Pictured: United Nations Secretary-General Antonio Guterres, flags outside the UN. Images: Getty

The United Nations is facing its “worst cash crisis” in nearly a decade and risks defaulting on salaries by the end of November.

In a statement, spokesperson for the secretary-general, Stéphane Dujarric, called on member states to fulfil their budget commitments, warning that member states had only paid 70 per cent of the total assessment for the regular budget, down from 78 per cent at the same time in 2018.

“The secretariat could face a default on salaries and payments for goods and services by the end of November unless more member states pay their budget dues in full,” Dujarric said.

“The organisation runs the risk of depleting its liquidity reserves by the end of the month and defaulting on payments to staff and vendors. Stressing the charter obligation of member states, the secretary-general thanked the member states who have paid their regular budget assessments, which is now 129, and urged those who have not paid to do so urgently and in full.

“This is the only way to avoid a default that could risk disrupting operations globally.”

So far, the 129 countries have paid their 2019 dues which comes to nearly US$2 billion.

He said the UN has already shifted hiring patterns to reflect the lower cash reserves, adding that this measure among others is no longer enough.

“The secretary-general has therefore requested additional steps be taken immediately, including further reductions in official travel; postponing spending on goods and services; and discontinuing events scheduled outside official meeting hours at headquarters duty stations,” Dujarric said.

“In addition, conferences and meetings may have to be postponed or services be adjusted. He is reviewing further options.”

António Guterres also told the UN General Assembly’s budget committee that the organisation faces its “deepest deficit of the decade”.

“We risk … entering November without enough cash to cover payrolls,” he said, pointing to operations in New York, VIenna, Geneva and Nairobi.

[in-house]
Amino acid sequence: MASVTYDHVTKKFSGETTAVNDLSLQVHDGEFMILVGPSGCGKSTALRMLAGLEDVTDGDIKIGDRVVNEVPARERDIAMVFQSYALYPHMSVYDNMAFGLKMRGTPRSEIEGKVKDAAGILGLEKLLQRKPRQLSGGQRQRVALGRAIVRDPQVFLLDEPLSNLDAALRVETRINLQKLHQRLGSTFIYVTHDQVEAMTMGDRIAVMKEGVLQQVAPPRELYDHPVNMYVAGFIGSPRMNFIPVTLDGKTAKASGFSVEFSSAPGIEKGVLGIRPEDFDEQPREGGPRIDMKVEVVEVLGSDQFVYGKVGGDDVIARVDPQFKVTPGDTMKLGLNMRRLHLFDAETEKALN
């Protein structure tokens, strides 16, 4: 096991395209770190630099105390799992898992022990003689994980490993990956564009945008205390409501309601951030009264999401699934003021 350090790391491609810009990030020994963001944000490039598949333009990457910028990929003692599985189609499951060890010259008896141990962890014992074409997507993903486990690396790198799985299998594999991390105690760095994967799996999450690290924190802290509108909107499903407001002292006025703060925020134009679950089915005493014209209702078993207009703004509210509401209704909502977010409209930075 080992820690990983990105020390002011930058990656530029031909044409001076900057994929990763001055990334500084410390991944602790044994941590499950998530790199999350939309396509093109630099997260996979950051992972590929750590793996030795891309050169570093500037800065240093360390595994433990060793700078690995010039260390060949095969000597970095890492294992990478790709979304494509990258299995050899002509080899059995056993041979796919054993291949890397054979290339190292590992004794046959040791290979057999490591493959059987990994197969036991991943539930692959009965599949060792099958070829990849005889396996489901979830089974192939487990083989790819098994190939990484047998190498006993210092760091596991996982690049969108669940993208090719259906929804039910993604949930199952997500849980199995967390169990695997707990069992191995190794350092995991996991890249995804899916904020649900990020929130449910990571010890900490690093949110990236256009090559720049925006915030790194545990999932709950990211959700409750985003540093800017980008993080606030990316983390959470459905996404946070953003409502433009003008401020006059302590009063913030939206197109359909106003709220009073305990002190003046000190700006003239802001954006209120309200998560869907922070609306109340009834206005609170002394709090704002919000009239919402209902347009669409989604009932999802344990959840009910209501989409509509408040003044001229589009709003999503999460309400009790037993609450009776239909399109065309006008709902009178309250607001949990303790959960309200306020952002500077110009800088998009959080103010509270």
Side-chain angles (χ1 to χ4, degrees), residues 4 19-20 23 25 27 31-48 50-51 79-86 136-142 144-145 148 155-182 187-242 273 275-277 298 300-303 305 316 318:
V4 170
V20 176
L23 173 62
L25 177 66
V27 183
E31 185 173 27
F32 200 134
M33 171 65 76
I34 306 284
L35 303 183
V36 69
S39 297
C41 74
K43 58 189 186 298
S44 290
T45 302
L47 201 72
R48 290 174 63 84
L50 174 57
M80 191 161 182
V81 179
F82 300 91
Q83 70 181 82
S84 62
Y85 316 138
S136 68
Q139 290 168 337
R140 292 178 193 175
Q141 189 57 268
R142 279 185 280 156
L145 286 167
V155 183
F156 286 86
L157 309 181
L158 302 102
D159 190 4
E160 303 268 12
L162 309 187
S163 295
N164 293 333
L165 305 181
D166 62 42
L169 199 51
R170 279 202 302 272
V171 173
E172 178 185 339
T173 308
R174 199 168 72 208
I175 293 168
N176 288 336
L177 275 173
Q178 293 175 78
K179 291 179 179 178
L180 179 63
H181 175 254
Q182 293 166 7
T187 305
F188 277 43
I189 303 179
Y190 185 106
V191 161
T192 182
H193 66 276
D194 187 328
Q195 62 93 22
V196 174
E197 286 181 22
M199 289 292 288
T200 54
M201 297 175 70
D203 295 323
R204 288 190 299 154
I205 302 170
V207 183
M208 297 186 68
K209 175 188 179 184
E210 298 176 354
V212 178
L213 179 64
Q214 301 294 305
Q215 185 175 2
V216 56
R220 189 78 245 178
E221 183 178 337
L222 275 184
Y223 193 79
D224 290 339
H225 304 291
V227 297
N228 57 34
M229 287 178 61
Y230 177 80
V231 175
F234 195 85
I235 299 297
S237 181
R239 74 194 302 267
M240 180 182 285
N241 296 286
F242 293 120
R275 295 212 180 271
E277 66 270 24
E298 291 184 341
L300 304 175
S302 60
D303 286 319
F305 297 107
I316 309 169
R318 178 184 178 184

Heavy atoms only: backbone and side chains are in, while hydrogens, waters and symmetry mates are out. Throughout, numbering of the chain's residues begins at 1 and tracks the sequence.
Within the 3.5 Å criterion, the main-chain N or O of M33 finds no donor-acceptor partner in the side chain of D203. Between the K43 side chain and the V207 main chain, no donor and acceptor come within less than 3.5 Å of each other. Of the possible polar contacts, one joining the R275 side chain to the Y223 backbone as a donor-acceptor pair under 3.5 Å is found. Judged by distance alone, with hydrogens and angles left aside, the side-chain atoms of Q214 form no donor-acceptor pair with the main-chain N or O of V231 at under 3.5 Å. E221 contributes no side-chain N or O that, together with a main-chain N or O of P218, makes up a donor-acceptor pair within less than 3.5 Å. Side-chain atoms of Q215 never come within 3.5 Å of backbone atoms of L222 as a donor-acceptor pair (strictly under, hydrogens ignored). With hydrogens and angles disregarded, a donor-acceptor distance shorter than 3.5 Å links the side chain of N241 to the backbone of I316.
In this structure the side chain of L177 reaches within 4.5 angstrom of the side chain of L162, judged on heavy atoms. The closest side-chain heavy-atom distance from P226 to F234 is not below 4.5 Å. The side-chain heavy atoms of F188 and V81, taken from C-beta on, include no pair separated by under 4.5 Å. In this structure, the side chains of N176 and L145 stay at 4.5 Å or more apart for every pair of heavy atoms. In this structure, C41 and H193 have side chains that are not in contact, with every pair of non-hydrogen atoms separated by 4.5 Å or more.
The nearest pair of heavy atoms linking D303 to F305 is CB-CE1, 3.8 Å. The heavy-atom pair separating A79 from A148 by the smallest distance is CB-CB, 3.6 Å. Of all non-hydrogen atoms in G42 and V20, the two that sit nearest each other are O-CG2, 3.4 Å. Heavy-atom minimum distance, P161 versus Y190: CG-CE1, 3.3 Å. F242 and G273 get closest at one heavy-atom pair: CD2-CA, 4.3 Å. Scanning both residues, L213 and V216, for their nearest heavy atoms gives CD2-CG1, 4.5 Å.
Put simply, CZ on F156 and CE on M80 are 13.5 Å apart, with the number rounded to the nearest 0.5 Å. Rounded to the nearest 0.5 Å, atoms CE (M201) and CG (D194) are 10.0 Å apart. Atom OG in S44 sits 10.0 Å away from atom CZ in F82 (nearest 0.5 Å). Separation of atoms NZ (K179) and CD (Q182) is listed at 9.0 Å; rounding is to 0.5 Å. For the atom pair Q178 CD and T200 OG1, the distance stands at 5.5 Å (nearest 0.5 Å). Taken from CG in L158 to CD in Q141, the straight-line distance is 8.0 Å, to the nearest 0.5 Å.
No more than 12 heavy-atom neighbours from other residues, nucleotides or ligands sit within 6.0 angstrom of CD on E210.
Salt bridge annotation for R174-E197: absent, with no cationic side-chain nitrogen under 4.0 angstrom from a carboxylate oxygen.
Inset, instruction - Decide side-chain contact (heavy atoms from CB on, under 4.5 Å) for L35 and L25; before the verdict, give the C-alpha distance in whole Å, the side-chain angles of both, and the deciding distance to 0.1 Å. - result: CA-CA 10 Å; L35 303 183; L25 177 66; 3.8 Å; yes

“Our work and our reforms are at risk.”

Peacekeeping missions fall under a different budget.

USA’s tricky relationship with the UN

The US contributes the most to the UN’s budget, responsible for more than 22 per cent of the US$3.3 billion 2019 budget, but currently owes around US$381 million for earlier budgets and US$674 million for this budget.

Former US ambassador to the UN, Nikki Haley, in November said the US was considering pulling back on its funding.

“There are times when we are tempted to believe that multilateralism has been a bad deal for the United States, that we could be more effective advancing our principles and interests on our own,” Haley told a Security Council debate.

“And there are times when that conclusion is correct.”

She said “aid dollars shouldn’t be on auto-pilot” and that the US would be considering its funding obligations, describing the US share was “disproportionate”.

Since taking office, President Donald Trump has seen the US cut funding to UNESCO, the UN Population Fund, the UN Relief and Works Agency.

“The United States is the world’s largest giver in the world, by far, of foreign aid. But few give anything to us,” Trump said in September last year.

“Moving forward, we are only going to give foreign aid to those who respect us and, frankly, are our friends. And we expect other countries to pay their fair share for the cost of their defense.”